The little railroad that could (make a big difference)
|Kerry Craig | News-Telegram Assistant Editor|
April 16, 2006 - Think of it as the little railroad that could.
As freight haulers go, the shortline Blacklands Railroad looks tiny when compared to such rail giants as Kansas City Southern, Union Pacific, Burlington Northern-Sante Fe and others.
After all, Blacklands' tracks only extend from Mount Pleasant to Greenville, compared to the big carriers' vast rail systems that criss-cross the continent.
Blacklands Railroad, however, is one of the biggest assets in the local economic development corporation's marketing strategy for Sulphur Springs and Hopkins County.
Blacklands has the ability to connect with the major players in rail transportation, and that has become a significant factor in marketing Sulphur Springs and Hopkins County for economic growth and development.
Roger Feagley, executive vice president of the Sulphur Springs-Hopkins County Economic Development Corporation, said that most development projects now require close access to railroads, and having two railroads in Sulphur Springs is a definite advantage. And while Kansas City Southern continues to be a profitable, far-reaching freight carrier serving the area, its tiny Blacklands that's attracting more attention from industries eyeing a home in Hopkins County.
"In most cases, when a business builds along a railroad track, they are more or less stuck with that carrier and have to use their rates, Feagley said. "If you are located on the Blacklands and don't like the rates Union Pacific is charging, go talk to KCS. They do compete, and Blacklands can connect with either railroad."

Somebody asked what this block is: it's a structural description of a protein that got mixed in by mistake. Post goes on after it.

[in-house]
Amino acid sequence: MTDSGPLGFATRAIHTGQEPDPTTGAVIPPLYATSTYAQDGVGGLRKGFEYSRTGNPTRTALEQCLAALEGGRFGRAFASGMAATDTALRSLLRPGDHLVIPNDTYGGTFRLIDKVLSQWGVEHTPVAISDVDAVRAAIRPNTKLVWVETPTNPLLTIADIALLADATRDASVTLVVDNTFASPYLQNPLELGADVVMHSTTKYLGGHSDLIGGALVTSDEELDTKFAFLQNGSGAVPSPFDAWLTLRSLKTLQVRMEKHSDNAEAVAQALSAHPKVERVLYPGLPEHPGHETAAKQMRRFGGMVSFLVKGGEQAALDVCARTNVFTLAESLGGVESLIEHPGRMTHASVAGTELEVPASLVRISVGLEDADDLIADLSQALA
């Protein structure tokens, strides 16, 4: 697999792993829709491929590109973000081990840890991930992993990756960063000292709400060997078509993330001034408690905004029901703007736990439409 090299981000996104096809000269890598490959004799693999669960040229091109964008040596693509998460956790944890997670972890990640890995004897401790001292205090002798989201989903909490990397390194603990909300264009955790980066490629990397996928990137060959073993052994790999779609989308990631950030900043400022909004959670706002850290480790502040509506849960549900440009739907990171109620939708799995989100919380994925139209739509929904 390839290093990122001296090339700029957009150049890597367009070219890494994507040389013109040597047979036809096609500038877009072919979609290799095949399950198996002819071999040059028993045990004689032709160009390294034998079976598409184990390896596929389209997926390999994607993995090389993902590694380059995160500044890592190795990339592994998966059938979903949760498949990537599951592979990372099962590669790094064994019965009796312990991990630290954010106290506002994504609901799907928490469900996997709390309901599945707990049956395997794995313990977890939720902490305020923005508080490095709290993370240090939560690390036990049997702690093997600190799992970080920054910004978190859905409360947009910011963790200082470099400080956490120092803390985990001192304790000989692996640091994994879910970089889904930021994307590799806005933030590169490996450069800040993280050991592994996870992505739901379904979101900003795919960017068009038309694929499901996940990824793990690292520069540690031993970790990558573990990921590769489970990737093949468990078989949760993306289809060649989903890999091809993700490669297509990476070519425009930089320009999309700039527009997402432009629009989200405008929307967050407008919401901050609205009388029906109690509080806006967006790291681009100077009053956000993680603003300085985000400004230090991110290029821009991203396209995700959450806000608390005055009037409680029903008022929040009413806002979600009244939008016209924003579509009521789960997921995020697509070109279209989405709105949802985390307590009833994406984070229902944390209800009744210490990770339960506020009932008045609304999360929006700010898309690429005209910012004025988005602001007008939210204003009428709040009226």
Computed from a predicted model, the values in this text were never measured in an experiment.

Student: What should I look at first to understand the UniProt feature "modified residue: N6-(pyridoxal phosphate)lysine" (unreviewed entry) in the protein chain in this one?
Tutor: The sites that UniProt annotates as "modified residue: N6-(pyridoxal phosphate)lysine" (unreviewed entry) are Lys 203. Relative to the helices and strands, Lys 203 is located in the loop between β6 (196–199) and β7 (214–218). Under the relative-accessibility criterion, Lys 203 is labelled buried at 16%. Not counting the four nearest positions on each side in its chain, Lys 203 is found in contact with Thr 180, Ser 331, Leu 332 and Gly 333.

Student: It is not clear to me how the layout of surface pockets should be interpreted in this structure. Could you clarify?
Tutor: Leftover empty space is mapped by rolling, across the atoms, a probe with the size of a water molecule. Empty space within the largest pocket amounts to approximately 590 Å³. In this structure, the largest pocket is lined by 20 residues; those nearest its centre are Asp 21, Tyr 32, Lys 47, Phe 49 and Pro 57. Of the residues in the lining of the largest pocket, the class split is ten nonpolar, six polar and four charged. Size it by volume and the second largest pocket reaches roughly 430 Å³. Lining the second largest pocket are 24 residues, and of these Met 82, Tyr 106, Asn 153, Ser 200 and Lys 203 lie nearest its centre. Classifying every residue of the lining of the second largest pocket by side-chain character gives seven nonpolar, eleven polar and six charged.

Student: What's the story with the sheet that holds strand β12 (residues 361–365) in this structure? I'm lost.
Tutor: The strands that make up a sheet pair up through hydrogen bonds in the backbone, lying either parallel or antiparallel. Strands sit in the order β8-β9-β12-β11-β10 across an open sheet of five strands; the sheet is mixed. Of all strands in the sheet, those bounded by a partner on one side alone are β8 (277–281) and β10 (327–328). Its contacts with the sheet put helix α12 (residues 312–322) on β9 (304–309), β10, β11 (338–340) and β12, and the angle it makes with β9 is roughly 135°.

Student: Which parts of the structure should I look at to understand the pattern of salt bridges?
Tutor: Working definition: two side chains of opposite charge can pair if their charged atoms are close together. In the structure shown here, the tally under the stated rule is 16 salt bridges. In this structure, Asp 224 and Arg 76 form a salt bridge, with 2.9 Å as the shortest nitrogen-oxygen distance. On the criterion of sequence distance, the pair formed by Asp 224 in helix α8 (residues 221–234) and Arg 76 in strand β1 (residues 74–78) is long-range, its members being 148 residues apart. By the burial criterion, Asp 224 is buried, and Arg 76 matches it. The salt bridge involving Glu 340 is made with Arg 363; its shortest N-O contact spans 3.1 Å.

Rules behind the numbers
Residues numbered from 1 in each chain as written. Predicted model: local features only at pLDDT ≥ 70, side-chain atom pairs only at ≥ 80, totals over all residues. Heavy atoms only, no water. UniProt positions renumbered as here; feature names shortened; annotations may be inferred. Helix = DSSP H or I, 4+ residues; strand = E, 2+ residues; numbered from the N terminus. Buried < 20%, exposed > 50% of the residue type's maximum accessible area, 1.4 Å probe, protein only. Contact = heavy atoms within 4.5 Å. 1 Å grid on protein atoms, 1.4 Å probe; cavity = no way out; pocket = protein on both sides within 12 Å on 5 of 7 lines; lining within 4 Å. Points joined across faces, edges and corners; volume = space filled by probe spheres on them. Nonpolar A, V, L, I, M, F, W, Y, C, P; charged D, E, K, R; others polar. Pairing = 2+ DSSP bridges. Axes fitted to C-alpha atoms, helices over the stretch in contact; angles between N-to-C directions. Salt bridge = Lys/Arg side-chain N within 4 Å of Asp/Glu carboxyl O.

Having Blacklands' home office located in Sulphur Springs is another advantage for industries and shippers.
"When a company wants to talk to the man in charge, the man in charge is right down the street from them," Feagley said. "So he is easy to find."
Close access to Blacklands rail in the industrial development area near Raven Industries on the city's east side has put that location in the spotlight for several companies that are considering locating here.
Another site of high interest is south of Interstate 30 near the WePack facility, where rail service is available via a spur from the Kansas City Southern tracks.
Feagley said he did not know if high fuel prices or other factors are the reason that most of the projects looking at locations in Hopkins County are requiring railroad access.
But whatever the reason, "our sites along the railroads are the ones attracting the most attention," he said.
The availability of two railroad companies and connections to other rail carriers is not the only transporation-related tool Feagley can use in marketing Sulphur Springs and Hopkins County to industries and businesses looking for a place to relocate.
Interstate 30 is another ready access for shippers, and the announcement of plans for the proposed Trans Texas Corridor to cross I-30 between Greenville and Dallas could mean even greater transportation access for business and industry in Sulphur Springs.
"The designation of I-30 as a NAFTA corridor helps," Feagley said. "That road coming on the east side of Dallas — of course, the further east, the more we like it — will help us drastically."
Still another marketing tool for economic development is Sulphur Springs Airport, which is already home to an aircraft manufacturer.
"I think that the larger companies, those with private aircraft, being able to come in and our of the airport here is advantageous to us," he said. "We certainly see the airport as an asset, and it is one of the things we like to tell companies about when they are considering us."